As of 2016, Nevada was not home to any National Security Agency (NSA) and Department of Homeland Security (DHS) designated schools offering cybersecurity master’s programs or post-bachelor certificates. However, the NSA and DHS recognize several universities throughout the country that offer online cybersecurity master’s programs. IT professionals enrolled in online programs cite the benefit of being able to complete credits while maintaining a full-time working schedule. The programs consist of filmed lectures, mock cyber threat mitigation and response drills, online problem modules, and group projects/discussions that take place in online forums.
Master’s programs through designated schools are generally made up of about 30 credits, with 15 credits of core classes and 15 credits focusing on electives.
Post-bachelor’s certificates are also offered online through accredited universities. The programs are 15 credits long and can be completed in about a year. Students will complete courses in network security and management, computer forensics, risk management, and cyber law and policies.
Standard Admissions Requirements for Cybersecurity Master’s Programs
In order to apply to a cybersecurity master’s program, students must be prepared with an excellent education history, high GRE/GMAT scores, and prior knowledge of basic programming languages and applied mathematics.
Minimum requirements typically include:
- Bachelor’s degree in a related discipline
- One year of calculus and one year of a mathematics course beyond calculus
- A course in data structures
- A course in Java or C++
- A course in computer organization
If the applicant has less than a 3.0 GPA in bachelor’s coursework, the school may require high GRE scores. In these instances, admissions departments look for the following scores:
- Verbal score of 150 or higher
- Quantitative score of 155 or higher
- Analytical score of 650 or higher
Core Courses and Electives
NSA and DHS designated universities follow a standard curriculum for cybersecurity programs.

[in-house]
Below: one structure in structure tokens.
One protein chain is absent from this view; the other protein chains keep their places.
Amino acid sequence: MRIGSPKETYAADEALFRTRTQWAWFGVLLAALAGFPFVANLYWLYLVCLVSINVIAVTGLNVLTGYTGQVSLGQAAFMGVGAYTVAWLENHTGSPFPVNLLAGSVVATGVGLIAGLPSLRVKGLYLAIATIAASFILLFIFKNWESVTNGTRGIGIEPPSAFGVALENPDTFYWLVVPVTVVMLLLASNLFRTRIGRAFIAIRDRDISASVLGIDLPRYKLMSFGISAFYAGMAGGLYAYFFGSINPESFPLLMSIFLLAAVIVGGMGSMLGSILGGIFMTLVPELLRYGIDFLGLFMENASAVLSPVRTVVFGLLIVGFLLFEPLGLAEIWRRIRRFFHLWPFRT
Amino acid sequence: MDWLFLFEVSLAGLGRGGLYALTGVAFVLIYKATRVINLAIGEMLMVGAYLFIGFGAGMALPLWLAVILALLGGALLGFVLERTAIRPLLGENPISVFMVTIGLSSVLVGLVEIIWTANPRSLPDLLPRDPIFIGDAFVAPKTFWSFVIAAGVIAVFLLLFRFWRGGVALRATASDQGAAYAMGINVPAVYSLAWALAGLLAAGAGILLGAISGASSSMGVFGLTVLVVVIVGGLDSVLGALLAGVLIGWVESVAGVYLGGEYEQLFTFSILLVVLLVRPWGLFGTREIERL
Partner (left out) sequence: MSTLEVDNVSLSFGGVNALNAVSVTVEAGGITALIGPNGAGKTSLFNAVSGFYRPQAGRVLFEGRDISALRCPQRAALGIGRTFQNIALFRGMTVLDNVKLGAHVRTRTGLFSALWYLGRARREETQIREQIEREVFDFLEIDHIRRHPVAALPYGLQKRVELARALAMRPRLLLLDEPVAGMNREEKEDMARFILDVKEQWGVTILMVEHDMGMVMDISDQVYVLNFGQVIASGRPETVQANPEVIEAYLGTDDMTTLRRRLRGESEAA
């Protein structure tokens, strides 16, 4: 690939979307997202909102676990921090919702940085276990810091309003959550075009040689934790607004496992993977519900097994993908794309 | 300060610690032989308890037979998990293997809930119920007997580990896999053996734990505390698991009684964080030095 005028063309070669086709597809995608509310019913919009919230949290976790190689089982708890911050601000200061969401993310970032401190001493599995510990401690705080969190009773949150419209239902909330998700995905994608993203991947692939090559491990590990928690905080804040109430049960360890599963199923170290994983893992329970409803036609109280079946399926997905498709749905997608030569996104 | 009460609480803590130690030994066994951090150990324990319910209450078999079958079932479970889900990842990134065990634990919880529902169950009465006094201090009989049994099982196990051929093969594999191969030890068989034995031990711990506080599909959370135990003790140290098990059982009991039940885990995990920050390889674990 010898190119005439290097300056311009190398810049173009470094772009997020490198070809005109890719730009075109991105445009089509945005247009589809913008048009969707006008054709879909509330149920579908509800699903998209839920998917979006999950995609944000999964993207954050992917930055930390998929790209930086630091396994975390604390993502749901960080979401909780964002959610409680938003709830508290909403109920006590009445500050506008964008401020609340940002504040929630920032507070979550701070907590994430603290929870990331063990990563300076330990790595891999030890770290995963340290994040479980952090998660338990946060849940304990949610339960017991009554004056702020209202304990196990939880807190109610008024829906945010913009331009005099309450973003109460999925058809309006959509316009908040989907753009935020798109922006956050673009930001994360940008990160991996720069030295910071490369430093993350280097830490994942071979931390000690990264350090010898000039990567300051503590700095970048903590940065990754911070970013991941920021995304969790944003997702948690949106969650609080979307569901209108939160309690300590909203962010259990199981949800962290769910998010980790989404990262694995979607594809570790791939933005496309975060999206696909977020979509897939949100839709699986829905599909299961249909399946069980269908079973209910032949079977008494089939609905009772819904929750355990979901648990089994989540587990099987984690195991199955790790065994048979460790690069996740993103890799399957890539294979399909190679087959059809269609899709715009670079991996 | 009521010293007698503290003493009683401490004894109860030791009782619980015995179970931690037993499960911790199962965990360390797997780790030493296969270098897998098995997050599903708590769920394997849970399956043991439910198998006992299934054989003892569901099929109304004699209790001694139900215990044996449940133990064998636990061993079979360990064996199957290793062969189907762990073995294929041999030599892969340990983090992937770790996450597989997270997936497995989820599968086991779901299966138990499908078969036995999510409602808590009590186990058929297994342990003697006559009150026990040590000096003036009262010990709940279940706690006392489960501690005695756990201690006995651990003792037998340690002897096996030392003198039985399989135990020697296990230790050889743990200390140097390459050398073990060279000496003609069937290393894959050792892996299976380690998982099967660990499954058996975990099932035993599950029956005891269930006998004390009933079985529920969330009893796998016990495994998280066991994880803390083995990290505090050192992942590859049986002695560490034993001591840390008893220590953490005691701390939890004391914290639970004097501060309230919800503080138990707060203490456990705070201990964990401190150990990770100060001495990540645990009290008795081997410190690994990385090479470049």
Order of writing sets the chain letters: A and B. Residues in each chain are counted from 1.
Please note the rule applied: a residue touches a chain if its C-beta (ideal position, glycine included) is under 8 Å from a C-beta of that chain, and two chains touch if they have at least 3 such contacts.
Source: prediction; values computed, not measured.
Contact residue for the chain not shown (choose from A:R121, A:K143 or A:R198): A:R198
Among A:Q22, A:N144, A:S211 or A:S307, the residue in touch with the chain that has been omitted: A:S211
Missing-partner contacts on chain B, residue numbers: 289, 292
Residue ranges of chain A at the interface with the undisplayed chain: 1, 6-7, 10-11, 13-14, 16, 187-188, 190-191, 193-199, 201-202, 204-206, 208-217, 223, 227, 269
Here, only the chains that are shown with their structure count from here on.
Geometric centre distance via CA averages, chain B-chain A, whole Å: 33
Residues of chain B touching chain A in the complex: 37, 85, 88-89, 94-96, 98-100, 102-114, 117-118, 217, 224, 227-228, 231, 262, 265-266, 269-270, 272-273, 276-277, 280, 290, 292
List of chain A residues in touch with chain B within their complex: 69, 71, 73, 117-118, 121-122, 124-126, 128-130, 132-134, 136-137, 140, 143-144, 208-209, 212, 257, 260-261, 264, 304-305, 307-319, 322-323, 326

Core coursework will typically include:
- Network Security and Management
- Cyber Policy and Ethics
- Risk Management Studies
- Computer Forensics
- Security Architecture and Design
Elective topics may include:
- Current Trends in Cyber Security
- Terrorism and Cyber Crime
- Cloud Computing
- Information Warfare
- Advanced Database Management
- Managing Emerging Technologies
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Opportunities Available to Master’s-Prepared Cybersecurity Analysts and Specialists in Nevada
With a cybersecurity job market that has increased 89% from 2010 to 2014, nearly all of Nevada’s major industries are prepared to hire master’s-prepared cybersecurity specialists. Working as information security analysts, cyber threat intelligence specialists, and cybersecurity engineers, master’s-prepared cybersecurity professionals have a diverse array of information security skills that are highly valued in the IT sector.
The following job opportunities, sourced in May 2016, are not meant to provide any assurance of employment. They represent the kind of employment opportunities available to cybersecurity specialists in Nevada, and are shown for illustrative purposes only.
Cyber Security Analyst—Kemtah, Las Vegas
- Bachelor’s degree in a related field at minimum; master’s preferred
- 4 years’ experience in the information security sector
- Monitors and identifies network intrusions
- Monitors and analyzes complex network systems
- Identifies malicious activity in a heterogeneous network environment
Cyber Security Analyst—Boecore in Fallon
- Bachelor’s degree in a related discipline at minimum; master’s preferred
- Six years’ experience in information security
- Monitors system activities and potential threats
- Performs analyses and conducts network vulnerability assessments
- Evaluates information systems and conducts vulnerability scanning
- Provides threat mitigation
Cyber Security Analyst—Sierra Nevada Corporation in Sparks
- Bachelor’s degree in a related field at minimum; master’s preferred
- 5 years’ experience in information security
- Performs analysis, intrusion detection, and malware scanning reports
- Isolates and contains IT system intrusions
- Coordinates incident response activities
- Coordinates remediation efforts